We think one of the best ways to inspire teachers to change their classroom practices is to observe other classrooms. There is something powerful about watching another teacher teach real lessons with real students. You can’t help but put yourself in the situation. How would you launch the lesson? What questions would you ask the students? What would you do when the little boy in the back row gets confused? These reflections are the foundation for inspiring change.
So how can teachers observe classrooms? Live observations, while valuable, require leaving your classroom and finding teachers willing to let you in. During our work with schools across the country, we’ve found hundreds of teachers willing to open their classrooms to our video team. These are real teachers teaching real students. Our video production team recorded actual classroom lessons, focusing on both the instruction and the student interaction. These lessons were edited into 15-20 minute segments that remove some of the transition time (like passing out assignments or getting into groups) without removing any of the important instruction. The end result is a series of classroom clips that show full lessons, from introduction to conclusion, in segments short enough for a teacher to view in 20 minute sessions.
STAR Online has been up and running for a while now. Many folks across the nation regularly use it to develop Powerful Teaching and Learning in their classrooms. That said, we think we can do an even better job explaining how STAR Online works and how teachers are using it every day.
In a nutshell, STAR Online is an online solution for implementing and supporting Powerful Teaching and Learning in your classroom, school, or district. It is a free service for educational professionals, and a supporting service for those who we help with their School Improvement efforts.
But, What Is Powerful Teaching and Learning?
Powerful Teaching and Learning is a combination of instructional best practices that correlate with student achievement (as measured by test scores) regardless of poverty. Powerful Teaching and Learning is student-centered, builds conceptual skills and knowledge, shows evidence of meta-cognition and personal reflection, is relevant to the learners and is supported by strong relationships.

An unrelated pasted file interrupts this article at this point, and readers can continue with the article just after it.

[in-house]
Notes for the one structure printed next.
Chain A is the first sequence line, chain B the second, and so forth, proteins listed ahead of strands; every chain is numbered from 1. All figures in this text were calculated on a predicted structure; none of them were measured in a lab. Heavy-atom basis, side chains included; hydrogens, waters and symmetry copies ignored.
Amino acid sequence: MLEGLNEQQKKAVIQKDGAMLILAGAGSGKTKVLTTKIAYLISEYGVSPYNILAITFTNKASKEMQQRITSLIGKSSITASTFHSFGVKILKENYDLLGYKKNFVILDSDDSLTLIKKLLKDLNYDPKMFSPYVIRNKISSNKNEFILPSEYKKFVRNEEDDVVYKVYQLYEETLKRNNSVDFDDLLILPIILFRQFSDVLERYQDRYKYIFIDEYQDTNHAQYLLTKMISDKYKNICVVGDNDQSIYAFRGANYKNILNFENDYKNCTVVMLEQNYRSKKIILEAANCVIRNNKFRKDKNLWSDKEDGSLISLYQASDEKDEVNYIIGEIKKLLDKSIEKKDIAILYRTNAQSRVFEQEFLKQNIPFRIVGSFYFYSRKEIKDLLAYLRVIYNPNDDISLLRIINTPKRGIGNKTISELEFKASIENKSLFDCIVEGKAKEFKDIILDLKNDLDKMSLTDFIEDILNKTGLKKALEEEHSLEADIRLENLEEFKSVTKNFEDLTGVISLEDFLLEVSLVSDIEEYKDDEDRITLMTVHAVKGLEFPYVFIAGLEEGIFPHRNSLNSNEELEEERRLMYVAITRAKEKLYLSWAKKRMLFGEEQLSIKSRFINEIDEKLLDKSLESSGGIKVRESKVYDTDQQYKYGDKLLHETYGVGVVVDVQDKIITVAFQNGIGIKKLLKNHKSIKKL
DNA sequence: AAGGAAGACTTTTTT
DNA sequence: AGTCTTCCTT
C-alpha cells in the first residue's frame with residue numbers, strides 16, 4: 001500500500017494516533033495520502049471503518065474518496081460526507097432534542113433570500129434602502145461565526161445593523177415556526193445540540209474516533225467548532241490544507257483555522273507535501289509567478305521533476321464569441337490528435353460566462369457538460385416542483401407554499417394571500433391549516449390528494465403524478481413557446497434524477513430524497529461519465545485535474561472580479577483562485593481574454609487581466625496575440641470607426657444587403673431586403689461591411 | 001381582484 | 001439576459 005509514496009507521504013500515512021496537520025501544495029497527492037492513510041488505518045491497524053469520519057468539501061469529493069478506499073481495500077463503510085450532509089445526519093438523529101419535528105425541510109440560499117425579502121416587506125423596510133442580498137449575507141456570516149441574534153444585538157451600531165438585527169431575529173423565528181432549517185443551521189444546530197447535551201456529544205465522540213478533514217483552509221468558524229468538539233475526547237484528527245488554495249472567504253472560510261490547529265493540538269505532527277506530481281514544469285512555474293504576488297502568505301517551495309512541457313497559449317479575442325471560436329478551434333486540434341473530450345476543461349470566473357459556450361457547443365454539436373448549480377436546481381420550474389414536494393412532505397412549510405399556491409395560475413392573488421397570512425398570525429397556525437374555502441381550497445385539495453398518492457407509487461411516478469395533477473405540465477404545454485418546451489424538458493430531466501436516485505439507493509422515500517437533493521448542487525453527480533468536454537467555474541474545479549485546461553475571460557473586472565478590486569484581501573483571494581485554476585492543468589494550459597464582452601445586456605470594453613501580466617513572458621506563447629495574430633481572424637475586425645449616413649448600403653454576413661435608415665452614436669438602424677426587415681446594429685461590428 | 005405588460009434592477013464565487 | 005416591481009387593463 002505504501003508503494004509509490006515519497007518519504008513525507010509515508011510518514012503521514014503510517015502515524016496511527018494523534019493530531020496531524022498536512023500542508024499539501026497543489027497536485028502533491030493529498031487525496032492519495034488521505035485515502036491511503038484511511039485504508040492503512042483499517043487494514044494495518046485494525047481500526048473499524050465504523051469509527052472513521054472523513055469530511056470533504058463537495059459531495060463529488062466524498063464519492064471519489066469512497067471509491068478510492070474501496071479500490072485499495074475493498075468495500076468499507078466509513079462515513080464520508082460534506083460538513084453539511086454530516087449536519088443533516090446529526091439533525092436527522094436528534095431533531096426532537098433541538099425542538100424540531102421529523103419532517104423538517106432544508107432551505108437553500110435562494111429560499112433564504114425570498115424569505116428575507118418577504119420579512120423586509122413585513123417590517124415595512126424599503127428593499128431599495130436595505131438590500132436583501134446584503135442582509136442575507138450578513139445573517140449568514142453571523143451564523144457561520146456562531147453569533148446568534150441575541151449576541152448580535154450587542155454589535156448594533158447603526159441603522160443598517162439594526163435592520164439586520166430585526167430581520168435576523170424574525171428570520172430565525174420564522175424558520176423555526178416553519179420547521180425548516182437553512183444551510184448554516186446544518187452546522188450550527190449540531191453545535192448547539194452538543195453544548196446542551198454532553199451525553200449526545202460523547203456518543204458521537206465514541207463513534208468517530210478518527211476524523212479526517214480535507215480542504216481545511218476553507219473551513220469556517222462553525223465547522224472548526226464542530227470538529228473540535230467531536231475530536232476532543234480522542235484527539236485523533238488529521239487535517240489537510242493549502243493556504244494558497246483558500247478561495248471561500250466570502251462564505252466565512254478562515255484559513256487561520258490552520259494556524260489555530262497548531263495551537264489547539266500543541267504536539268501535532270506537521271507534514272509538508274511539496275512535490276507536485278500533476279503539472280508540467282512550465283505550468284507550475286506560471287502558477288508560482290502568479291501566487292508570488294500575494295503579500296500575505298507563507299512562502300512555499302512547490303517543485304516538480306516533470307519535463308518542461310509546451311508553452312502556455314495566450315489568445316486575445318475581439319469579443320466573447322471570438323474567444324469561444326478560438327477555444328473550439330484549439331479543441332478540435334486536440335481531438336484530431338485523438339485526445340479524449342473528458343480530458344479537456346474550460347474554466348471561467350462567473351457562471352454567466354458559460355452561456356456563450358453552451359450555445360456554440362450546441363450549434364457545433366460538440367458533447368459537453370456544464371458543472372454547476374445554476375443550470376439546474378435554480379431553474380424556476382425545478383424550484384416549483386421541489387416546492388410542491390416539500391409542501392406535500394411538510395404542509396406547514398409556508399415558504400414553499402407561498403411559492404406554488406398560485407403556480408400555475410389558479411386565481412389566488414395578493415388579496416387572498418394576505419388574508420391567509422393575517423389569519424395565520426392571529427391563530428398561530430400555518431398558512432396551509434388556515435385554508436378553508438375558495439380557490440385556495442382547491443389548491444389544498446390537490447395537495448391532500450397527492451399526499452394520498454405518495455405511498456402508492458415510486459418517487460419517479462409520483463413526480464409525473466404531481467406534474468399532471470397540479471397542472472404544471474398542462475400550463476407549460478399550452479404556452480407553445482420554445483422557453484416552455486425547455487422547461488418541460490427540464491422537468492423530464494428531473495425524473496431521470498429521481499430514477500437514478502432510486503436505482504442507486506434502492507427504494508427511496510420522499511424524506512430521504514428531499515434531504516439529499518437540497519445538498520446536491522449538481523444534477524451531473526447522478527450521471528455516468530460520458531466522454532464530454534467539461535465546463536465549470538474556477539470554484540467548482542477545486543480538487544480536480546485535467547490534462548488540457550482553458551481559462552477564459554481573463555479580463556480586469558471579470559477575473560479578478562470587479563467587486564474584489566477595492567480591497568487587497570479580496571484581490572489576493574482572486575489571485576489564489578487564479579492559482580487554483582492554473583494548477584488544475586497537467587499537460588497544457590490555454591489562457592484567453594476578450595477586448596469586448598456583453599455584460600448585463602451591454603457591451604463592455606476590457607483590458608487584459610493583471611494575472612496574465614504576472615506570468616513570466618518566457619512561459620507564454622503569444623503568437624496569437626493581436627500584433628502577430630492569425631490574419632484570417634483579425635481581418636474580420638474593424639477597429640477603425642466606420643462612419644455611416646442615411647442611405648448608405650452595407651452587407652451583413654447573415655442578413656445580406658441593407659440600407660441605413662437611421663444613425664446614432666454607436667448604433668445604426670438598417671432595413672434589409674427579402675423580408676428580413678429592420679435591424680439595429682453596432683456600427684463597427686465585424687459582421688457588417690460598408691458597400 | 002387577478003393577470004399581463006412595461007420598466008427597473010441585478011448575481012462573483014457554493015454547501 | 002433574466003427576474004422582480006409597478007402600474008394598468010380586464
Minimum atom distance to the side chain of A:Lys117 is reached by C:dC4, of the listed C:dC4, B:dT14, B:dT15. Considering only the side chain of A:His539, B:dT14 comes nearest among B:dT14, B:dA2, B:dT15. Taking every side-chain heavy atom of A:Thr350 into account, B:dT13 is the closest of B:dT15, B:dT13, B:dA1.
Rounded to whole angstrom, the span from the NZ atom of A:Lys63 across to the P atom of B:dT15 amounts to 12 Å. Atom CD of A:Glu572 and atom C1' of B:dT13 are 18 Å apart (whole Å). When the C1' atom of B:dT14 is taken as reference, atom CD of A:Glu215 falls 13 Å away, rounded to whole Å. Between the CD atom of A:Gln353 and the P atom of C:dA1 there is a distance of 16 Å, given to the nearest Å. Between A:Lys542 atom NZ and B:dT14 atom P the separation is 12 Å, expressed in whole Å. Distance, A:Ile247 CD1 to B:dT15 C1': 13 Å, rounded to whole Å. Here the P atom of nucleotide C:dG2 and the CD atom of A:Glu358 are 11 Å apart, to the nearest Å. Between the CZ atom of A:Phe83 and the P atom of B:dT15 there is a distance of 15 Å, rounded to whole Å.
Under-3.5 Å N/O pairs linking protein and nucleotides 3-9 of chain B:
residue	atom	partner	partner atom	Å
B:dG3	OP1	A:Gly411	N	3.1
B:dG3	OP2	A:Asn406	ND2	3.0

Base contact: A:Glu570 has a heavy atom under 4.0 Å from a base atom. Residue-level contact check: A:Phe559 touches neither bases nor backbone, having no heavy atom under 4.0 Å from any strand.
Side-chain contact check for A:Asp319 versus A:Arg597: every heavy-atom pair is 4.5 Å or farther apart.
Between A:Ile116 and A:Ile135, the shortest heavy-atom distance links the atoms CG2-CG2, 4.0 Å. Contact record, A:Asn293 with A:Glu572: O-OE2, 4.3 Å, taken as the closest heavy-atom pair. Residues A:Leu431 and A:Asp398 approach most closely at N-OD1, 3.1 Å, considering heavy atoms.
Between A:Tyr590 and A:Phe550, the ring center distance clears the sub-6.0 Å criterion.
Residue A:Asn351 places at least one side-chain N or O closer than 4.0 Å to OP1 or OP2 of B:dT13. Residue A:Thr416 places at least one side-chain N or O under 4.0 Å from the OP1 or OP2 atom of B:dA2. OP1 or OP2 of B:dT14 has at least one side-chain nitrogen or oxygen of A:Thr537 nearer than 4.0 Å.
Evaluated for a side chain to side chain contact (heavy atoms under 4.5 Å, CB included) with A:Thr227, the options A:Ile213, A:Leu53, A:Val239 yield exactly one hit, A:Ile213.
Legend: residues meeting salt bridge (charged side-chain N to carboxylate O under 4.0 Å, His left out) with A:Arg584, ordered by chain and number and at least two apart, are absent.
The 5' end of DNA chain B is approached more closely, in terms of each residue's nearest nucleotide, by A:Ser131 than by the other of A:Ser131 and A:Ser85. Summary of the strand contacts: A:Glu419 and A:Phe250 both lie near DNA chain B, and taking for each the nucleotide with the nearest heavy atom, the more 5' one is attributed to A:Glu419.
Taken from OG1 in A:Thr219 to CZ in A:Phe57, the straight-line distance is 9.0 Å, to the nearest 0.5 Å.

Put simply, Powerful Teaching and Learning helps all kids learn.
When we started working with the Sedro-Woolley School District, they were facing the same challenges as many other districts. Student achievement was stagnant and they were not reaching Annual Yearly Progress (AYP) goals. Despite their extensive planning and efforts to reform curriculum and testing, Sedro-Woolley still wasn't seeing the improvement that it was looking for.
Determined to achieve progress, administrators decided to shift the focus from their previous methods toward finding ways to modify and strengthen teaching practices. That's where we came in.
We helped walk the district's Instructional Improvement Team (made up of principals and central office staff) through the process of improving instruction as a whole - assisting in an area where making changes can be overwhelming and take up more resources than the district may be able to provide. Using our STAR framework, staff members began using the tools we've developed through years of research to begin implementing Powerful Teaching and Learning in the classroom.
Our video team went to Sedro-Woolley to listen to their story:
The services provided for Sedro-Woolley School District included:
Part Two will explore how the staff members at Mary Purcell Elementary developed a common language to better understand the ins and outs of good instruction and learned to effectively collaborate to put new practices aligned with Powerful Teaching and Learning in place. Stay tuned.
In our last post in this series, we discussed how there are four important layers of instructional support, that they are not mutually exclusive, and that they complement each other. We also stated that it is very important to recognize that we are not trying to choose between these layers, but actually trying to make sure that all four layers are aligned in order to maximize the effectiveness of the instructional support.
We feel it's important to make this distinction (we are not trying to choose between layers, but instead that the real choices are within the layers), because of dozens of comments we've heard over the last year while conducting research projects across the state. We've heard over and over again about how teachers are confused because their district has recently chosen an instructional practices framework when they're already using Gradual Release of Responsibility, the STAR Protocol, or any number of instructional strategies. Using Thanksgiving dinner as an analogy, we're going to try and illustrate why there really isn't a conflict in the decision described above and how the different layers of instructional support are complementary.
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